About a year ago I was reading the essay by Geoff Dyer called “Is Jazz dead?” from his book ‘Working the room’. He mentioned many contemporary and recent jazz and fusion artists that I was fully aware of, but kept coming back to a longstanding musical project from Australia known as The Necks. After checking them out I spent the next month literally immersed in their albums. Their music is mesmeric, soulful and cool – it just ticks every box for me. Others may wonder when the vocals are going to come in – or think that jazz doesn’t get better than Kenny G! Others may be angered by the mere suggestion that the music of The Necks could ever be described as Jazz (… or even music!).
Now I don’t want to get into a long debate justifying the quality of their music; you might hate it! But I think we have to concede that music is a huge part of our lives, but we accept this without ever defining the criteria by which we compile our spotify playlist or, dare I say it, our CD collections. How much does confirmation bias, peer pressure a need to belong affect our listening habits? The way in which our social, fashion and even political views, interconnect with our cultural consumption is well known – so is this all bound by the need to define oneself coherently and belong to a distinct and pre-defined social sub-group?
In this blog Robin Hansen says …. “My students … don’t talk about music very eagerly. In class I can get a conversation going about God with no problem. And students love talking about alcohol and its effects on the human mind and spirit, theirs in particular. Yet when I ask what role music plays in their lives or why they listen to what they do, there is silence.” He goes on to present 7 different functions that music has.
In this great article “Can music save your life?” Mark Edmundsen concludes by saying “Schopenhauer says that most reading is letting other people think your thoughts for you. I’d add that most music listening is about letting other people feel your feelings for you”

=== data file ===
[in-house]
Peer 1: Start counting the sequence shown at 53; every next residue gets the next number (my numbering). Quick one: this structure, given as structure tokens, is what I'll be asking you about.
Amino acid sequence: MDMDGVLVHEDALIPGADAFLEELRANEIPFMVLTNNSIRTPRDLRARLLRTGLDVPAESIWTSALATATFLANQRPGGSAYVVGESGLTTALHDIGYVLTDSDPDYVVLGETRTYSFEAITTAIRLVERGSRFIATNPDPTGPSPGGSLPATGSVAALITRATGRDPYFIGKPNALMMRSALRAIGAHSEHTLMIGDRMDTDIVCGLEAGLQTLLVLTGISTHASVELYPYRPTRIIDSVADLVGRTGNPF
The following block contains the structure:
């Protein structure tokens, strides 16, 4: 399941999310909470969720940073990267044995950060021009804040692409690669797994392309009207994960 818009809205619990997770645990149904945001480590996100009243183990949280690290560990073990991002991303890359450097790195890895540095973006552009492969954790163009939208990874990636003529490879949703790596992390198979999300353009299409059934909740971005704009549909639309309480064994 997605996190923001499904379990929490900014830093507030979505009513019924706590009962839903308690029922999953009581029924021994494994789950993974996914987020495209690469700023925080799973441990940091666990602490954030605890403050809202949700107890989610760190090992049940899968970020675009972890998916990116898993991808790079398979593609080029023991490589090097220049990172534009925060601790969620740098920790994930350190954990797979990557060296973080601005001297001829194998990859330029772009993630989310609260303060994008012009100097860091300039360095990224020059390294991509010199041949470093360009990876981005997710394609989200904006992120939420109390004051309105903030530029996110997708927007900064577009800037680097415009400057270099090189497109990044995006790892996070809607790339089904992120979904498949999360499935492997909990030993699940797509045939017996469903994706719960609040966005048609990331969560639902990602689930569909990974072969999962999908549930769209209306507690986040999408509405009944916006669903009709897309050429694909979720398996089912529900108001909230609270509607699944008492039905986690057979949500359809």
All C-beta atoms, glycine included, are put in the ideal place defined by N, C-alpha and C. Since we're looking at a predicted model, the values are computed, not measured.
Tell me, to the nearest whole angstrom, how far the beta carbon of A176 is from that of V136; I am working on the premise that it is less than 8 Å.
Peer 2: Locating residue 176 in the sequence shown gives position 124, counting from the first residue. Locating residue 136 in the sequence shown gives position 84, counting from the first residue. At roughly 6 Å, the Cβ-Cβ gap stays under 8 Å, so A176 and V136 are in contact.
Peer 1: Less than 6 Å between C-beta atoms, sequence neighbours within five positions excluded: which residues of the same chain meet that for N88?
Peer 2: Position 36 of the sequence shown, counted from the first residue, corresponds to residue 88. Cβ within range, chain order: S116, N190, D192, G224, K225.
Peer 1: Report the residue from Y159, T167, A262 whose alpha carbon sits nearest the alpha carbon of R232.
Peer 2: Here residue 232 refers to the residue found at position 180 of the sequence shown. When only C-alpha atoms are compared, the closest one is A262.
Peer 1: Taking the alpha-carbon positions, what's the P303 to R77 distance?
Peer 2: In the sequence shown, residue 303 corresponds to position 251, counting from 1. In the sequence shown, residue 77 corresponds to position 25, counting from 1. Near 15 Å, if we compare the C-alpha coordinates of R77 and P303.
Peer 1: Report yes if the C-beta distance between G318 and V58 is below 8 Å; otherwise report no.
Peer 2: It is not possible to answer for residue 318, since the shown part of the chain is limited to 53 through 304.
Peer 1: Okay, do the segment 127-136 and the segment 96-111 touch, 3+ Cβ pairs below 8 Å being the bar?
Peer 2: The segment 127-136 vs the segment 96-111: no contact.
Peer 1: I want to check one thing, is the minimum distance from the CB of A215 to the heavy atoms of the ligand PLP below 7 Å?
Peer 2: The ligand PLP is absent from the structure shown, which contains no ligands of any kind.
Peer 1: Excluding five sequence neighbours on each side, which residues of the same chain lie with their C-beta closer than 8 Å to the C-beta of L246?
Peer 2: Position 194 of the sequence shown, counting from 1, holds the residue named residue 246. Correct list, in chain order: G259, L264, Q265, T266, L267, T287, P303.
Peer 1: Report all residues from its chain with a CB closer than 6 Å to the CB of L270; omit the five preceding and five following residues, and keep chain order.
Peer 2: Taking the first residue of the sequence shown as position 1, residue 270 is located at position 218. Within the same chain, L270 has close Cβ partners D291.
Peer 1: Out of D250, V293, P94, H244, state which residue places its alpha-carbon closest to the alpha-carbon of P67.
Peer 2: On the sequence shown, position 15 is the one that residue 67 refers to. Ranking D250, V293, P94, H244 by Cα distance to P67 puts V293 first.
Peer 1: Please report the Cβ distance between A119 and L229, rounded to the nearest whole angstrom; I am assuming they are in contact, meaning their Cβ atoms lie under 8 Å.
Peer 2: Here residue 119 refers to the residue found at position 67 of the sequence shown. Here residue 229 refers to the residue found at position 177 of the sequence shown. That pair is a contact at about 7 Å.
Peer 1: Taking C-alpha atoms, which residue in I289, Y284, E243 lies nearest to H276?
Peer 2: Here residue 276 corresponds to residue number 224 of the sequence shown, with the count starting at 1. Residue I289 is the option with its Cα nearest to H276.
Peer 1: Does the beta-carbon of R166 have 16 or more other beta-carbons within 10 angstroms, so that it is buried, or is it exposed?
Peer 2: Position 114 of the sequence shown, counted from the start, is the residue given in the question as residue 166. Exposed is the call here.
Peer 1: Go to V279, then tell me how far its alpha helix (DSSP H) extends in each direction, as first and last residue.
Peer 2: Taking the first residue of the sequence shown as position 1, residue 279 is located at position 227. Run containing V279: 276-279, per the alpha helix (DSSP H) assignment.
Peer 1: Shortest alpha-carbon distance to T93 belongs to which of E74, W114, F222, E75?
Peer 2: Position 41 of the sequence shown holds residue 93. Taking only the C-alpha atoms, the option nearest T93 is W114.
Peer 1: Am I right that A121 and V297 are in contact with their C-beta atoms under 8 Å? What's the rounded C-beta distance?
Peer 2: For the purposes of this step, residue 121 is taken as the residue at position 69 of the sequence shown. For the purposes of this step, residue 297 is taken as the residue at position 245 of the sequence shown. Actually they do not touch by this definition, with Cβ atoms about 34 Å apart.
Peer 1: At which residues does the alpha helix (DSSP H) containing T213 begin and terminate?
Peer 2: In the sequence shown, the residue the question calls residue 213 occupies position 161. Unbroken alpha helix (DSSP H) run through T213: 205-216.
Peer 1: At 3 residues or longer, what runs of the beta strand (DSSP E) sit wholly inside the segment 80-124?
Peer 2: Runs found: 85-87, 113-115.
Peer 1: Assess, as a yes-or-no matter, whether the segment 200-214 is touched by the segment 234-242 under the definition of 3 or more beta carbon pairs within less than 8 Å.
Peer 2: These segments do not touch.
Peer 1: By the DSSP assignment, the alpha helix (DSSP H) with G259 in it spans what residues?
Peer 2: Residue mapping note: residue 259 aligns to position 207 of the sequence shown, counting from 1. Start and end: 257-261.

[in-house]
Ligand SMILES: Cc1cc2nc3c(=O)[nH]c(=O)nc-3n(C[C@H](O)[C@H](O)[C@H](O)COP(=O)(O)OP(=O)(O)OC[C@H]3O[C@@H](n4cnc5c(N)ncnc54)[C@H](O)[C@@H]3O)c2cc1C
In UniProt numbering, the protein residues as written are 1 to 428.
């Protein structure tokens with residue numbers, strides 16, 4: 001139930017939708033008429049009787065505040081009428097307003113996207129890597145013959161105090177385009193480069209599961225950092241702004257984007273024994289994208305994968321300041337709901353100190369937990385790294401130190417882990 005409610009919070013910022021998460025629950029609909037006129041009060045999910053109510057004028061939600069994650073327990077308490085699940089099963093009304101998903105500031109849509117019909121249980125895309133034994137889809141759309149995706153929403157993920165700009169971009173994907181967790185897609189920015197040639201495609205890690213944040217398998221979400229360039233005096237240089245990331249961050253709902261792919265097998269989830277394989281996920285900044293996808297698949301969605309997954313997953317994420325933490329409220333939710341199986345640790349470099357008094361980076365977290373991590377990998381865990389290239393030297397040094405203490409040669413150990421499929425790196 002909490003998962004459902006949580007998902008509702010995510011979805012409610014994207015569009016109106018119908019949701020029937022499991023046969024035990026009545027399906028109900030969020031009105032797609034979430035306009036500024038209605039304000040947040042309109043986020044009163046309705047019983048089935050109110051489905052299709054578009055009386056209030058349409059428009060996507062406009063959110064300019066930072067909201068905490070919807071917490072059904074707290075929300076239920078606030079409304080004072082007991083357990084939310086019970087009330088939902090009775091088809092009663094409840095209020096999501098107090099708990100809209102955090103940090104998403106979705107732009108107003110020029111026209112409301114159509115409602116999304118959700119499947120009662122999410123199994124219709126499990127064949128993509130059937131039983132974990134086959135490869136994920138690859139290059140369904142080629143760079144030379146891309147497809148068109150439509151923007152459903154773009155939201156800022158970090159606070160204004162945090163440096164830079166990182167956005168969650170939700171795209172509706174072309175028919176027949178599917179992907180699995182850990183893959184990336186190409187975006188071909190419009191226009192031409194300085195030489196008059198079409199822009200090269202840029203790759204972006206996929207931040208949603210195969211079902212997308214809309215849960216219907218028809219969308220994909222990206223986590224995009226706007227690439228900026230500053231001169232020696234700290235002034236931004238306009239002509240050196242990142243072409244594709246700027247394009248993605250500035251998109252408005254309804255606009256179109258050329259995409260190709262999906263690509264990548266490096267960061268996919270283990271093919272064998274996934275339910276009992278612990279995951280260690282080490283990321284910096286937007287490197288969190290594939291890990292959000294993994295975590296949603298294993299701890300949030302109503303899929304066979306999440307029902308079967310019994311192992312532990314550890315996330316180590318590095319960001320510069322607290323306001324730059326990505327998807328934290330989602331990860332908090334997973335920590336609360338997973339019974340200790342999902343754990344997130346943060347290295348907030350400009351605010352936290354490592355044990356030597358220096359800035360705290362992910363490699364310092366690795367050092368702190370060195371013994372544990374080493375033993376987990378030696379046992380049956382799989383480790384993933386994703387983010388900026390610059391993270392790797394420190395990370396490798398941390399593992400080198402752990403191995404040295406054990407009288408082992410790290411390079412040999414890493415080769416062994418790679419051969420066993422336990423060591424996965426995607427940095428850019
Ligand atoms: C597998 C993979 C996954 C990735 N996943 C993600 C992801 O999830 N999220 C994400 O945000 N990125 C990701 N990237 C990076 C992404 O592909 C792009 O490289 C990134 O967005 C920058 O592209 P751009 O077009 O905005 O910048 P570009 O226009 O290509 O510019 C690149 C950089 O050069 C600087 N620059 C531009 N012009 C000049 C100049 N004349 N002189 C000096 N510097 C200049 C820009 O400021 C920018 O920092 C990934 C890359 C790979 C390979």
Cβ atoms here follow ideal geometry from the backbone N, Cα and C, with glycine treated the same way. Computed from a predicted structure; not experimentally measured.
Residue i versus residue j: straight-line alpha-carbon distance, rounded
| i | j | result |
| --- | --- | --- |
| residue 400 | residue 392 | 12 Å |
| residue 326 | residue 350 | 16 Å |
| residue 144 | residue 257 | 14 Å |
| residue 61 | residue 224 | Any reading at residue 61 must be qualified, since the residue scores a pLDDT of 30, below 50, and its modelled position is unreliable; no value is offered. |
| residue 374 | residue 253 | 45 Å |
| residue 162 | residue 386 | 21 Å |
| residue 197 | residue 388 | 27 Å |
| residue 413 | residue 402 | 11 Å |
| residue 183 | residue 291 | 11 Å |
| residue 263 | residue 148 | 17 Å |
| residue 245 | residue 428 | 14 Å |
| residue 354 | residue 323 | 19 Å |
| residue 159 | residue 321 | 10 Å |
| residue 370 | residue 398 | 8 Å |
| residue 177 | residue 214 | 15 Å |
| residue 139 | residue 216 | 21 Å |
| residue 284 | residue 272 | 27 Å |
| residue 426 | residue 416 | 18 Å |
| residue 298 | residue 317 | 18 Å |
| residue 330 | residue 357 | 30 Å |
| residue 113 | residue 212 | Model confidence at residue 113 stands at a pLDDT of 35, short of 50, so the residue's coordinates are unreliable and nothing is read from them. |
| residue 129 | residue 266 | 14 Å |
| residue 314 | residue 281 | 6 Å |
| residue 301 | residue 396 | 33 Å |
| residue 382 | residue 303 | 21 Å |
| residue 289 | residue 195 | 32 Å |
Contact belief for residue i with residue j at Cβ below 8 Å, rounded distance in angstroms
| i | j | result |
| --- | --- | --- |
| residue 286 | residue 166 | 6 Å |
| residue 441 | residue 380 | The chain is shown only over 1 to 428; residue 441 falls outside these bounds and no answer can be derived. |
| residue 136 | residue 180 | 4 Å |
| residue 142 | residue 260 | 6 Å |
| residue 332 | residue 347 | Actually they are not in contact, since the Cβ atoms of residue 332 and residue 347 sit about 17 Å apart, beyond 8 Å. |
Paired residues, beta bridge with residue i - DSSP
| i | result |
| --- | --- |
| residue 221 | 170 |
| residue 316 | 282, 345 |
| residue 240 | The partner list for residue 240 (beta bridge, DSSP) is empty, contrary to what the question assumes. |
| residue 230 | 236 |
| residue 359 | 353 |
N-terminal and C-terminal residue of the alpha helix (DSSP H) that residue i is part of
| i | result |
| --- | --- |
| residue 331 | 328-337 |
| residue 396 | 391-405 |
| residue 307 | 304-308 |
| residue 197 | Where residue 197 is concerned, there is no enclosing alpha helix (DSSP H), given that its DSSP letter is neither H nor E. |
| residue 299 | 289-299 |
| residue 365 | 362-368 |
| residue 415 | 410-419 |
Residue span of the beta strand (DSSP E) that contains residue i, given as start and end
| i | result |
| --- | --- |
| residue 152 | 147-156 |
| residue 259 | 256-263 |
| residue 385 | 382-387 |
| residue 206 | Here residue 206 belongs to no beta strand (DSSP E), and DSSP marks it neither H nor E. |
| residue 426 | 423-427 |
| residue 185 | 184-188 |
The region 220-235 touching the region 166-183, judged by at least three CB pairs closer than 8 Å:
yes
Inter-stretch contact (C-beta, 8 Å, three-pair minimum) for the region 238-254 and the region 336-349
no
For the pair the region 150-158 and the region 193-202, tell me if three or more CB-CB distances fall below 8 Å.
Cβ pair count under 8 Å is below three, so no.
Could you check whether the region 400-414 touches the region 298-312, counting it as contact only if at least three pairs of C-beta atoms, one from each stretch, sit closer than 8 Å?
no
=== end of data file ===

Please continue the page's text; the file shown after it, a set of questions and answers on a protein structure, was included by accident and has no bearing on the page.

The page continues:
- What is the key function(s) of music?
- Can we agree about how to judge whether music is good or bad?
- Is there a universal set of criteria for judging what is good music?
- To what extent is new music driven by a need to subvert and challenge cultural and social norms?
- How do individuals determine what music to buy? Do we use reason or emotion to make choices about music?
- How do we determine musical genre?
- Is harmony natural or cultural?
- What is the role of emotion in the production and consumption of music?
Trout Mask Replica – Captain Beefheart and his Magic Band
- How do we define what is music and what is not music?
- What makes good music?
In 2012 ‘Rolling Stone’ magazine compiled a list of the top 500 albums of all time at #60 was Trout Mask Replica by Capatain Beefheart and his Magic Band. When they first hear this album many people think that it is under-rehearsed, wildly improvised and that it has few saving graces. However some music lovers hail this work as an indisputable masterpiece. Contrary to first impressions Don Van Vliet (the band’s leader) was a hard task master and held is band of musicians to an exhaustive practice regime in a windowless hut in the period leading up to the recording. Many of the rehearsal sessions went on for upto 12 hours straight and meant that the band was able to play the arrangements with great intention and speed when recording.
At times the “Captain” recorded the vocal tracks when he could barely hear the instrumental track through the booth’s glass window and door. When asked afterwards about synchronisation problems by a music journalist, Van Vliet famously replied “Synchronisation? Isn’t that what commandos do before a raid”.
When I played this on Friday none of you could think of anything positive to stay about the album. How can this be? The album was voted as 60th best album of all time by various eminent panels of music industry experts! How can they be wrong – or how can you be wrong? How come we can’t agree about what good music is?
What is the purpose of Music?
Music and Identity
Look at the images in the gallery above. I bet you can take a fair guess at what type of music each person likes? Music taste surely involves joining a social group or sub-cultural team?
Music and Emotion
- Why does music evoke memories? – BBC Culture website
- 7 Essential books on Music, Emotion and the brain – Brainpickings
Some of my all-time favourite music (don’t ask me to justify why!) – and the list could go on and on!
- “Ten Day Interval” – Tortoise
- “La Luna” – Pedrito Martinez Band
- “Music for Airports” – Brian Eno
- “No agreement” – Fela Kuti
- “Alabama” – John Coltrane
- “Odie” – Daniel Ponce
- “Who is Jill Scott: Words & Music Vol 1” – Jill Scott
- “Space Invaders” – Scientist
- “Fool’s Paradise” – SpectraSoul
- “Amongst the madness” – The Nextmen
- “Since I’ve been loving you” – Led Zeppelin
- “Tin Tin Deo” – Art Pepper
- “The Light” – Common
- “Pure Morning” Placebo
- “Hold on” – Tom Waits
- “She slips away” – Martin Simpson
- “De La Habana de Hoy” – El Duo Peligroso
- “Voodoo” – D’Angelo
- “Sunset” – Nitin Sawhney
- “Drop” – The Pharcyde
- “Songs of yesterday” – Free
And thus I have curated ….